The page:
This seems to suggest that his body is going into rebound and making glucose. The insulin appears to have an effect about ten hours after he has it. So we are going to try dosing him once a day. Apparently this works in about a third of dogs, but he will be at greater risk of a hypo.

What complicates matters is his EPI (exocrine pancreatic insufficiency).

Apart from that he seems fine. I know it can take a very long time to find the right balance and that it can be a constant juggling act, but while I worry and fret, he takes everything in his stride and is perfectly happy.

The day after the first time I did a glucose curve with the hourly blood tests back in October, he avoided me and stayed downstairs all day. I was terrified he’d end up hating me. Now when I do his blood tests, he waits patiently, then once it’s done, he settles back to sleep with his head in my lap or on my feet.

At insulin time, he runs to sit beside the fridge and waits for the injection – it’s almost as if he looks forward to it. He couldn’t be more cooperative if he tried, bless him.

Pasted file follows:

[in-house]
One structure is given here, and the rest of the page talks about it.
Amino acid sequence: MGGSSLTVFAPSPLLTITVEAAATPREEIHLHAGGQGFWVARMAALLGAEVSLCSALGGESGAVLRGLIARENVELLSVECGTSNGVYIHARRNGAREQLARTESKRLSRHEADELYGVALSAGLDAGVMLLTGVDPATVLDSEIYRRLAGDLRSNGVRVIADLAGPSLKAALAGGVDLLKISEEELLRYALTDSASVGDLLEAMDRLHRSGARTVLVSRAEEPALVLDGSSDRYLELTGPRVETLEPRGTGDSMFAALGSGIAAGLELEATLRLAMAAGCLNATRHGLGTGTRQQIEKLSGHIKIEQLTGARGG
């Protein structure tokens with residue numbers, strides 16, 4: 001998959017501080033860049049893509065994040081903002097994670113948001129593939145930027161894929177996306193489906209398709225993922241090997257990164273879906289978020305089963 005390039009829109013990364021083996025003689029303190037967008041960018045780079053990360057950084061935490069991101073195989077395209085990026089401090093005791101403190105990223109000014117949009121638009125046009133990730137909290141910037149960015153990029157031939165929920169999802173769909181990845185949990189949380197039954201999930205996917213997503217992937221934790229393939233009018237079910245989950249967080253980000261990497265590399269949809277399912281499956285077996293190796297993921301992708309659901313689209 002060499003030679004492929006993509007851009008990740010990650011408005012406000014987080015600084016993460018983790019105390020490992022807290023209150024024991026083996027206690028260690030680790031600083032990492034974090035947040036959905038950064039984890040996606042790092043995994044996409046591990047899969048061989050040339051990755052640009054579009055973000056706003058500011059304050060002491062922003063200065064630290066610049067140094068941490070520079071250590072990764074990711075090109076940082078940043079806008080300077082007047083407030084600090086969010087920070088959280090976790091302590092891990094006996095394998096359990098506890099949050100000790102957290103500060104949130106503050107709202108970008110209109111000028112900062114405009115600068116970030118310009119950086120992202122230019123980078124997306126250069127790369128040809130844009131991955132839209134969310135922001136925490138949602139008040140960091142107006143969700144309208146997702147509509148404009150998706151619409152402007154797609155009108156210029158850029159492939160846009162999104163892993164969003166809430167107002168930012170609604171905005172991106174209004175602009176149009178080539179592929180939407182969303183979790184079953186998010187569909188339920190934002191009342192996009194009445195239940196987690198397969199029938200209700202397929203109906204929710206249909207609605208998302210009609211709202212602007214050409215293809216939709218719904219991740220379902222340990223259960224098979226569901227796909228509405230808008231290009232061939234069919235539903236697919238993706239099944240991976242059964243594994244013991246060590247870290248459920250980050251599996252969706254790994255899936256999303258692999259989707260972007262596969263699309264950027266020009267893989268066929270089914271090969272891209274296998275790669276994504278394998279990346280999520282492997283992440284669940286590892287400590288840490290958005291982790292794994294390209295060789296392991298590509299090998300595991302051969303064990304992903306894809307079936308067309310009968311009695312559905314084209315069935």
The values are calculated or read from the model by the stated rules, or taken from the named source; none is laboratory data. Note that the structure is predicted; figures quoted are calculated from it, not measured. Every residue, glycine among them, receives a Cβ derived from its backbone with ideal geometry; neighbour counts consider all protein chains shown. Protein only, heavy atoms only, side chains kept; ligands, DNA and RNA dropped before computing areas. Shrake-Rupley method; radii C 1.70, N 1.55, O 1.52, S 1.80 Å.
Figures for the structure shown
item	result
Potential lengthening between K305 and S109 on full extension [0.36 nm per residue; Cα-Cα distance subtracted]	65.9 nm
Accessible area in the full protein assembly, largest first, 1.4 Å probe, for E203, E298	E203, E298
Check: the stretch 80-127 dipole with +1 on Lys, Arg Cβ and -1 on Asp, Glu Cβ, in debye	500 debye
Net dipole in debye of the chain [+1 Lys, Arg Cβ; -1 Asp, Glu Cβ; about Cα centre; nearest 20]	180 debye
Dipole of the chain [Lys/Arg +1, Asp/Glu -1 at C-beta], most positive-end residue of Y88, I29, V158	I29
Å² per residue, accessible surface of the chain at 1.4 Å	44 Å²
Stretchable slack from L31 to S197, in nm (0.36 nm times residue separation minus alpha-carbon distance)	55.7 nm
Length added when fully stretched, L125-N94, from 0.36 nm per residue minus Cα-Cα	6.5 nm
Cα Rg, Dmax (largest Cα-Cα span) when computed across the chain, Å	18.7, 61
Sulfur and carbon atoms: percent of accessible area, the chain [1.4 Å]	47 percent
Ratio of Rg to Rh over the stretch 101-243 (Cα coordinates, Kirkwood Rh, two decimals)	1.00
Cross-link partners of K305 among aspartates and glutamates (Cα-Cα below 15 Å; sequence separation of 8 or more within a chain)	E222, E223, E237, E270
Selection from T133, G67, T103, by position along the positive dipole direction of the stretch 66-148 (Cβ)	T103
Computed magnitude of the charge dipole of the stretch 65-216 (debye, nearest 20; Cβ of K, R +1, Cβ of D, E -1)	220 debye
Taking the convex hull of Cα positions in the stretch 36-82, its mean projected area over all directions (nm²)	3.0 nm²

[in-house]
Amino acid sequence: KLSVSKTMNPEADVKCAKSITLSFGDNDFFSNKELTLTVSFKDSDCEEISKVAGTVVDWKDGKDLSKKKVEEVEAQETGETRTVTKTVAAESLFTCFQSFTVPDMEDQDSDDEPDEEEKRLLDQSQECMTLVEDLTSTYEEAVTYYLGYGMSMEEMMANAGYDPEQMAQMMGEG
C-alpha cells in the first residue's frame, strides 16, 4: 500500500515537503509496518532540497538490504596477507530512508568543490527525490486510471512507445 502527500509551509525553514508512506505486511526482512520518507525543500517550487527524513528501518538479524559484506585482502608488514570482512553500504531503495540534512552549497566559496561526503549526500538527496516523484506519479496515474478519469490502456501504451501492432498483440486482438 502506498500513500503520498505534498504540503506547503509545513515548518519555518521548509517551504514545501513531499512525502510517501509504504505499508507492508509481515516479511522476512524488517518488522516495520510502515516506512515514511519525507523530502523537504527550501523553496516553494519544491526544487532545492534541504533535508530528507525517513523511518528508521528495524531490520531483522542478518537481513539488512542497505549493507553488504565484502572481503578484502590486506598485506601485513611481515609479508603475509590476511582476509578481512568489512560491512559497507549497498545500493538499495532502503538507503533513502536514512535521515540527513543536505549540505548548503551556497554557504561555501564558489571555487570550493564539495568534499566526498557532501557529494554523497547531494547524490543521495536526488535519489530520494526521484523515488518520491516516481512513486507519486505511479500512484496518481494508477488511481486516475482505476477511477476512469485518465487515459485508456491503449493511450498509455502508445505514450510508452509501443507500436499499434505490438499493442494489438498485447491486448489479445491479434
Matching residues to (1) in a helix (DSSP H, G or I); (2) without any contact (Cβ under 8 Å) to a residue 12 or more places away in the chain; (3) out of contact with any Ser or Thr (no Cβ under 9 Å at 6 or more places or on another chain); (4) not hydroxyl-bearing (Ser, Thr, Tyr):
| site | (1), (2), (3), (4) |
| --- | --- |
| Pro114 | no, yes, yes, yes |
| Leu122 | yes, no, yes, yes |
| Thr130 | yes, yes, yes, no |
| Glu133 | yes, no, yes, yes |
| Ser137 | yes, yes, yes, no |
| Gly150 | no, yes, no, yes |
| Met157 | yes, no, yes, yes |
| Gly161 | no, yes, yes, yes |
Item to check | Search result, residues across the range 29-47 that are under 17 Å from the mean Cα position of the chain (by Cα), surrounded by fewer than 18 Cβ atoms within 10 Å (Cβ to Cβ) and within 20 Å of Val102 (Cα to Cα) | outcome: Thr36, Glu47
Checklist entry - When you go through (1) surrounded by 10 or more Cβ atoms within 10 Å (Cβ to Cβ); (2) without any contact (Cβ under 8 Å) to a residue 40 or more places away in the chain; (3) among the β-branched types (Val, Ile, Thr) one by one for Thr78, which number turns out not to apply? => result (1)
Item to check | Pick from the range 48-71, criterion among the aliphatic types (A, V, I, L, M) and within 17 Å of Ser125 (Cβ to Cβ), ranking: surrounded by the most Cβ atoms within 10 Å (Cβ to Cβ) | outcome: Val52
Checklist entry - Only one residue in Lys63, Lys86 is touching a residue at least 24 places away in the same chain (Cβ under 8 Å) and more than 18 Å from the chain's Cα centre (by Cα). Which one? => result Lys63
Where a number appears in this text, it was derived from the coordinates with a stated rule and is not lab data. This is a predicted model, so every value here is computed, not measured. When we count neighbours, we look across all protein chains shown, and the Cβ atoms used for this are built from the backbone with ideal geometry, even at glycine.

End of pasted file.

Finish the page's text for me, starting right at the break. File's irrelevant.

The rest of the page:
In case anyone was wondering, this is how the chart looks.

You can see where he's gone right off the top of the chart.

An ideal curve would look like this (if you follow the link and scroll down to the bottom of the page there's an example). You can see we've a long way to go still!

I start testing at 7 am and do a blood test every hour till 10 pm, or later if I can stay up!

So far I’ve done five of these curves and he’s had one done at the vet’s.

So from tomorrow instead of 6.5 units twice daily, he’ll be on 10 units once daily. Wish us luck!